For all the tough rhetoric of the Bush Administration, it prosecuted many more terror suspects as criminals than as enemy combatants. According to statistics compiled by New York University’s Center on Law and Security, since 2001 the criminal courts have convicted some hundred and fifty suspects on terrorism charges. Only three detainees—all of whom were apprehended abroad—were convicted in military commissions at Guantánamo. The makeshift military-commission system set up by Bush to handle terrorism cases has never tried a murder case, let alone one as complex, or notorious, as that of Khalid Sheikh Mohammed, who will face the death penalty for the murder of nearly three thousand people.

    “The government is currently receiving valuable information from David C. Headley, who was indicted last December, in Chicago, for his involvement in terrorism conspiracies in India and Denmark. And, last week, the Justice Department confirmed that Abdulmutallab was now coöperating with the F.B.I. A department official noted, “He has an incentive to talk in the criminal-justice system, which the other system doesn’t offer.” The key to gaining Abdulmutallab’s coöperation was the F.B.I.’s ability to enlist his family in getting him to talk. Holder asked me, “Would that father have gone to American authorities if he knew his son might be whisked away to a black site”—a secret prison set up in a foreign country—“and subjected to enhanced interrogation techniques? You are much more likely to get people coöperating with us if their belief is that we are acting in a way that is consistent with American values.”

    Read more:

  14. JohnLopresti says:

    The administration is delayed over political questions the courts will avoid ultimately. As for the comment about lawyers, or counselors, generically, these are some of our best and most humorous minds.

    The Obama administration may avoid the political pitfalls in exposing the weakness of the BushW legacy of executive detention and torture, yet, subsequent administrations also will need to address its pernicious effects. It would be an accomplishment if Obama moves some of the fora into the civilian system in a way that is concurrent in the news reporting. The people who want coverup for the OLC sanctioned war crimes will have their kangaroo, but there would be a simultaneous series of proceedings to show what the judiciary branch does better. Incongruously for all the modernity of society in the New World and Old Europe, governments nearly throughout these regions still are wrangling over how to expurgate cruelty. Here is the upper chamber of the parliament in Russia passing approval of the European Court of Human Rights in an article January 27, 2010.

      • bmaz says:

        This is neither the forum nor the subject matter thread for that type of comment. If you wish to discuss that, it is commendable and I suggest you post it on the Seminal as a diary and discuss completely and fully. In fact that would be welcomed, but this blog and, particularly this subject thread, is not appropriate and not the place. Thank you.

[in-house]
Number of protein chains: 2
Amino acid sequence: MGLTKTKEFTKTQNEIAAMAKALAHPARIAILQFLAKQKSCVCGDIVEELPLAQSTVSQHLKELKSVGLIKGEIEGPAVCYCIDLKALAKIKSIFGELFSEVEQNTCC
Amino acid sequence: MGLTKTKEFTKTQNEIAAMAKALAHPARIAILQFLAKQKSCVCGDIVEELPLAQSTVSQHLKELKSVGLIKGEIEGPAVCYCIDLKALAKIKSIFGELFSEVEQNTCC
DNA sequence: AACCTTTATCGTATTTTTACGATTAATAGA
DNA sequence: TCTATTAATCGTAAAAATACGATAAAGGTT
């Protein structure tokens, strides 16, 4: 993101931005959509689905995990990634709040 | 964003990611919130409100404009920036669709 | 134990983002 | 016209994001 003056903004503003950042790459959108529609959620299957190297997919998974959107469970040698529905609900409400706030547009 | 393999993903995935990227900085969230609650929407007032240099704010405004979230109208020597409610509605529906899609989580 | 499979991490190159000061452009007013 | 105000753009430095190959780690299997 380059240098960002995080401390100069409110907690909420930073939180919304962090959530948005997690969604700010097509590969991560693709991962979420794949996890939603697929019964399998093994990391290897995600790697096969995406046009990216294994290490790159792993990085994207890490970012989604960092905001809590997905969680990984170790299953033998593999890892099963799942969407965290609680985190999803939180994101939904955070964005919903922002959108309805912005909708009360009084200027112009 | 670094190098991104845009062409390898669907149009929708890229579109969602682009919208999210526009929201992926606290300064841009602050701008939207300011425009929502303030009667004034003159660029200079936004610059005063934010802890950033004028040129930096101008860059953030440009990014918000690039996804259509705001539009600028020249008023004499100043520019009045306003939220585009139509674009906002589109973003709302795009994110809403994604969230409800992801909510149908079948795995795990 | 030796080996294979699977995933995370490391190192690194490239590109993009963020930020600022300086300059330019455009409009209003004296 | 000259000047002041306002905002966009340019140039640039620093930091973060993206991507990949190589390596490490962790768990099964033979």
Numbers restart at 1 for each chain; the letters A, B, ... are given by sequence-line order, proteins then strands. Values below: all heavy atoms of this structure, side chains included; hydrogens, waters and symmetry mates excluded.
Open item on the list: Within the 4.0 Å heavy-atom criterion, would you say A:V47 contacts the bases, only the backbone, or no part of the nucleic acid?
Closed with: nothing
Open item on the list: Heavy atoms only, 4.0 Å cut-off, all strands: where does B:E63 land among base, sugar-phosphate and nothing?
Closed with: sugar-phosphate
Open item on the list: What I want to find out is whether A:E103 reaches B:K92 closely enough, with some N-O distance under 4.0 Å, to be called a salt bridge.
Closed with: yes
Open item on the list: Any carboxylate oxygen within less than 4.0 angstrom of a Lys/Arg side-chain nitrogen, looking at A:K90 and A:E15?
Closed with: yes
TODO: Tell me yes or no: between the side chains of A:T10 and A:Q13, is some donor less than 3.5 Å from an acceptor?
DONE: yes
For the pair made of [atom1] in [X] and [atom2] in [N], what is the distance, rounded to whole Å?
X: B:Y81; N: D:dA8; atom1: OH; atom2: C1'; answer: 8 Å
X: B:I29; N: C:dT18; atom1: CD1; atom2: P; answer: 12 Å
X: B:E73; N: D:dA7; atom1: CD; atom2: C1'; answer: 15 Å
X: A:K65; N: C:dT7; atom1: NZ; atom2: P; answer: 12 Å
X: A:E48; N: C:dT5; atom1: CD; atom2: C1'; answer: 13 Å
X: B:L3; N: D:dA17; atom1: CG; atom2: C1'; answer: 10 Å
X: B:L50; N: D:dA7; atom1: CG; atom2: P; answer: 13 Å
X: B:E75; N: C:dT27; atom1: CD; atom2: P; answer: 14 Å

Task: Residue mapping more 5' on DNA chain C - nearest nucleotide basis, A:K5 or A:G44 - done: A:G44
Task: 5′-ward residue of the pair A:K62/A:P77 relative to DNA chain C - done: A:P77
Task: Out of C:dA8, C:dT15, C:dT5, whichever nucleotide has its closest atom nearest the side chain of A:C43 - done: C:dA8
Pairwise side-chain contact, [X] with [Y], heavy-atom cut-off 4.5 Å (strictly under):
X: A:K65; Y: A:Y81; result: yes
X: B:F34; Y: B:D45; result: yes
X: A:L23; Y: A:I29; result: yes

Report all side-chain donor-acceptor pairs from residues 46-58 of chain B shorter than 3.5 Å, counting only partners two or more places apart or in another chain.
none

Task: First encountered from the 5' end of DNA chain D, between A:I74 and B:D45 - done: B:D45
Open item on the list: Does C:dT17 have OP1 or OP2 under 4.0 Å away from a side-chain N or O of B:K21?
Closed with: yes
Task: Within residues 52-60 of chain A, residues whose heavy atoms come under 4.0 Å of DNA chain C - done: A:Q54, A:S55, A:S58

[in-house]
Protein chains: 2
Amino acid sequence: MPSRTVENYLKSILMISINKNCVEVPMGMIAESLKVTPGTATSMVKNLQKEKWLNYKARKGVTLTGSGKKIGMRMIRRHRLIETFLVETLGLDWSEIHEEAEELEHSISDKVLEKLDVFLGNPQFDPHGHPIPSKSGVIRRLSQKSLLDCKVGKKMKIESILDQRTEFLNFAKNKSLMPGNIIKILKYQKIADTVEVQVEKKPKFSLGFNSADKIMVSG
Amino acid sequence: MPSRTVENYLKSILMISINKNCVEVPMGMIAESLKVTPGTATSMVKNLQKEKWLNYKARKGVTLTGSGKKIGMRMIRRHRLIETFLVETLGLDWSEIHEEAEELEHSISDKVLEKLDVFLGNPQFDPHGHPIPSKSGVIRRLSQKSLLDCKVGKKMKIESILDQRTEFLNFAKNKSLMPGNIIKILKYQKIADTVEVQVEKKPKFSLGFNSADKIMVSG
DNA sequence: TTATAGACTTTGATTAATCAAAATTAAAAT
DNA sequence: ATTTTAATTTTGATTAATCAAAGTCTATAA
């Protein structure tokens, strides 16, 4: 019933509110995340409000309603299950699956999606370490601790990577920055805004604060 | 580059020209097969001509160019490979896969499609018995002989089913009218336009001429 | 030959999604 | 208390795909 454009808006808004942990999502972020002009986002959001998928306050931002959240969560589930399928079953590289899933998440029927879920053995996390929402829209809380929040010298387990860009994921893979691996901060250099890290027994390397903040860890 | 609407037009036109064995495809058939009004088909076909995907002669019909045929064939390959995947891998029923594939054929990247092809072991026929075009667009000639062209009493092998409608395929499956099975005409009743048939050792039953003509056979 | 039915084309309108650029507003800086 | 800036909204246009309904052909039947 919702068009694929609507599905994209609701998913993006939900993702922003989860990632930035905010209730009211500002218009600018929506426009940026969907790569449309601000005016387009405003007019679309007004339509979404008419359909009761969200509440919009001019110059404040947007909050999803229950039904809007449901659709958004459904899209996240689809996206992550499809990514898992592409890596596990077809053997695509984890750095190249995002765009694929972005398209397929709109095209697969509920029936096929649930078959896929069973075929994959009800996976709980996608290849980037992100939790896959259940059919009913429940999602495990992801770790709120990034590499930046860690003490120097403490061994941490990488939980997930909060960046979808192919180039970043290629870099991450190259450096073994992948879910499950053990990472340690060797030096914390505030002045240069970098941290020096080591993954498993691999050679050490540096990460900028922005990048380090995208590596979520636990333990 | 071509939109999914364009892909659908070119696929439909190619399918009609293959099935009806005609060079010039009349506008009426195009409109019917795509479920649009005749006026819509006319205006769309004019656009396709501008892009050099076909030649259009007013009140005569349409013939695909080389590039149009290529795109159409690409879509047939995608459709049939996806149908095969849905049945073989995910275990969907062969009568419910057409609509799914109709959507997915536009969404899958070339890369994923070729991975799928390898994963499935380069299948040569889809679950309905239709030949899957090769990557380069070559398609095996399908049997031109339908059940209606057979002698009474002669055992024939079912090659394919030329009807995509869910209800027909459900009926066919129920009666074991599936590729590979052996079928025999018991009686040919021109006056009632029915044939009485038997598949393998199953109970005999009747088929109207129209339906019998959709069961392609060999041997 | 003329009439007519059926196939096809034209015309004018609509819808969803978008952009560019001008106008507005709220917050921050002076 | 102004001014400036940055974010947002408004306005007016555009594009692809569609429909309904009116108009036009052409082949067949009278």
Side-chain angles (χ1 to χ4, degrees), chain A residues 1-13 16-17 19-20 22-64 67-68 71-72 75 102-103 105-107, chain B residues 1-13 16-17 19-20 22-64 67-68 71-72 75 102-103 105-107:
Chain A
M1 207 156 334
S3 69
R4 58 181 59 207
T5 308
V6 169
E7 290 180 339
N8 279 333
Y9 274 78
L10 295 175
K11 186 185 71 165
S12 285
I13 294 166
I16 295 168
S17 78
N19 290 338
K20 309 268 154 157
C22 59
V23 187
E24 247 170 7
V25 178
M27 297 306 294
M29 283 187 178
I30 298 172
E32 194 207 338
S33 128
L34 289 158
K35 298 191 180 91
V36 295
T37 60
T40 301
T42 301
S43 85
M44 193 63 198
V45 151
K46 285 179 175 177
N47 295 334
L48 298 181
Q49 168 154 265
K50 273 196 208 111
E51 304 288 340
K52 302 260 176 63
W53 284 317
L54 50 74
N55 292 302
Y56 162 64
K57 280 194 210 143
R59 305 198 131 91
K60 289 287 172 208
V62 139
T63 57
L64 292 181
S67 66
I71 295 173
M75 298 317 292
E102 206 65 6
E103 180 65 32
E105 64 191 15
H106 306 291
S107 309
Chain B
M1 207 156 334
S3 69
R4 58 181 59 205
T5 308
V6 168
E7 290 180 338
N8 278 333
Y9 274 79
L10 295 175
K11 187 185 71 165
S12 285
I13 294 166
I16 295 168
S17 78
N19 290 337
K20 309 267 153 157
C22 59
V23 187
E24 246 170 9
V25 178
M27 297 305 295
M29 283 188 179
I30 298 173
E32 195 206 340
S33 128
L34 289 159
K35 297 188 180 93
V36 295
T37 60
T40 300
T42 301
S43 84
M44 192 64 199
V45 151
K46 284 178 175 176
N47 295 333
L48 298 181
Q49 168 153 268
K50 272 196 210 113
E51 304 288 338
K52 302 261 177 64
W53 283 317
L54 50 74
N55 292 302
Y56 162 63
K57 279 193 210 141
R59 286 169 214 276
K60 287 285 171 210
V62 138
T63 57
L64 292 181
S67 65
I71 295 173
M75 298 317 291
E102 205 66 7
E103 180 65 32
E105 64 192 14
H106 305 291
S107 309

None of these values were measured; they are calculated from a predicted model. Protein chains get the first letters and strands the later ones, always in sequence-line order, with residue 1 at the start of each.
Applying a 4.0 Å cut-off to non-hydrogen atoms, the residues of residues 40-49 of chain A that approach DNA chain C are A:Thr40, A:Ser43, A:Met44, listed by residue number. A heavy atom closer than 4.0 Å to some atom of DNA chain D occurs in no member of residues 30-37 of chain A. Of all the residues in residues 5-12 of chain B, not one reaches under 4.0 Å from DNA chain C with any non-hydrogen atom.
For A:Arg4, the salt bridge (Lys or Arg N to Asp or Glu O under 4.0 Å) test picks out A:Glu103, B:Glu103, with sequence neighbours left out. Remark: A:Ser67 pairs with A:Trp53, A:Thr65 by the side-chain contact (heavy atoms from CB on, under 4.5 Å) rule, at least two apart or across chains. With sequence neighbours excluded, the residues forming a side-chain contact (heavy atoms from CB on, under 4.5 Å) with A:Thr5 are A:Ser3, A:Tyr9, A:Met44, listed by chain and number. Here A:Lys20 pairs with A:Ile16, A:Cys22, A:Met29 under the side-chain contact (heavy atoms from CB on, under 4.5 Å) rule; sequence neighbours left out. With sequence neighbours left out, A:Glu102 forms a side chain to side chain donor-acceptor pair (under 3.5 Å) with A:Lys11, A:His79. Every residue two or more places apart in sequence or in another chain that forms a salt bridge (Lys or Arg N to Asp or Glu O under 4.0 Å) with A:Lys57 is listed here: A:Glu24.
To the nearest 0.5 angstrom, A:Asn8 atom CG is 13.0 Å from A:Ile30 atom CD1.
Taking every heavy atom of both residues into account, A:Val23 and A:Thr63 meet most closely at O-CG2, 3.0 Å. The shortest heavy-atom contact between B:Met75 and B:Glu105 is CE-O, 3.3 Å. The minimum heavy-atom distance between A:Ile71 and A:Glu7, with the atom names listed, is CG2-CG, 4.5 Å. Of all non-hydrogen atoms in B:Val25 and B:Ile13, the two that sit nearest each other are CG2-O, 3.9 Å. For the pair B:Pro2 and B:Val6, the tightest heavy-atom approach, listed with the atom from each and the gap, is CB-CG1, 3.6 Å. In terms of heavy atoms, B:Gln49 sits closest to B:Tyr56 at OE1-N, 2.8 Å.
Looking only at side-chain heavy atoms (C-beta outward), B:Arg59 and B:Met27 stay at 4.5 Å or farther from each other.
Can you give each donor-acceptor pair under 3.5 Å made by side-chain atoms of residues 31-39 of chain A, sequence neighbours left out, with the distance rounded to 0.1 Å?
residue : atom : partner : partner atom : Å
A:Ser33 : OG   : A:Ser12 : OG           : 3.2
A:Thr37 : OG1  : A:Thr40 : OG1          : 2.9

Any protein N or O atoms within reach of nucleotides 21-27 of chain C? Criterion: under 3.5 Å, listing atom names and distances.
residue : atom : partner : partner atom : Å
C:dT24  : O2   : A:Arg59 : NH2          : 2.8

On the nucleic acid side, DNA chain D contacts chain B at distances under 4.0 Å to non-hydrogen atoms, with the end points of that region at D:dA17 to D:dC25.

15. robspierre says:

    At first glance, it seems ironic that this idiotic attitude comes from the same people that want to place “intelligence collection” ahead of proper criminal prosecution–the same folks that think–or pretend to think–that torture produces intelligence. It seems so wrong-headed, so counterproductive.

    But then I see my mistake: I’ve been assuming that asserting the rule of law and punishing/deterring crime was the objective. Think about it:

    * Mistreating cooperating suspects/informants cuts off sources of legitimate information that might actually solve and stop crimes.

    * Torture plants misinformation that makes crimes harder to solve while discouraging real cooperation by suspects and witnesses.

    The fad for torture and extrajudicial process thus makes perfect sense if you are trying to make “terrorism” last. If, for example, an American police state fits in neatly with your economic interests and political aspirations and if real “terrorist” crimes are few and far between, then the current approach makes the best of those that happen. We find ourselves slipping into a perpetual state of siege from which it gets harder to emerge every day.

    • robspierre says:

      Actually, I’ve been thinking that the biggest lie underlying the Security State is the suggestion that our legal process and normal investigative methods are luxuries that exist primarily to protect the rights of the guilty and maybe, once in a while, the rights of the rest of us. In fact, the rights and protections that the law grants the accused are only a means to an end, the end being the discovery of the truth.

      Our Constitution came about against a history full of false, politically and economically motivated prosecutions. Kings and prelates used torture to extract confessions and thereby shape events to suit an existing or desired power structure. Sometimes the powerful wanted the innocent condemned. Sometimes they wanted the guilty protected. Usually both. Truth or falsehood mattered little if at all. Power was everything.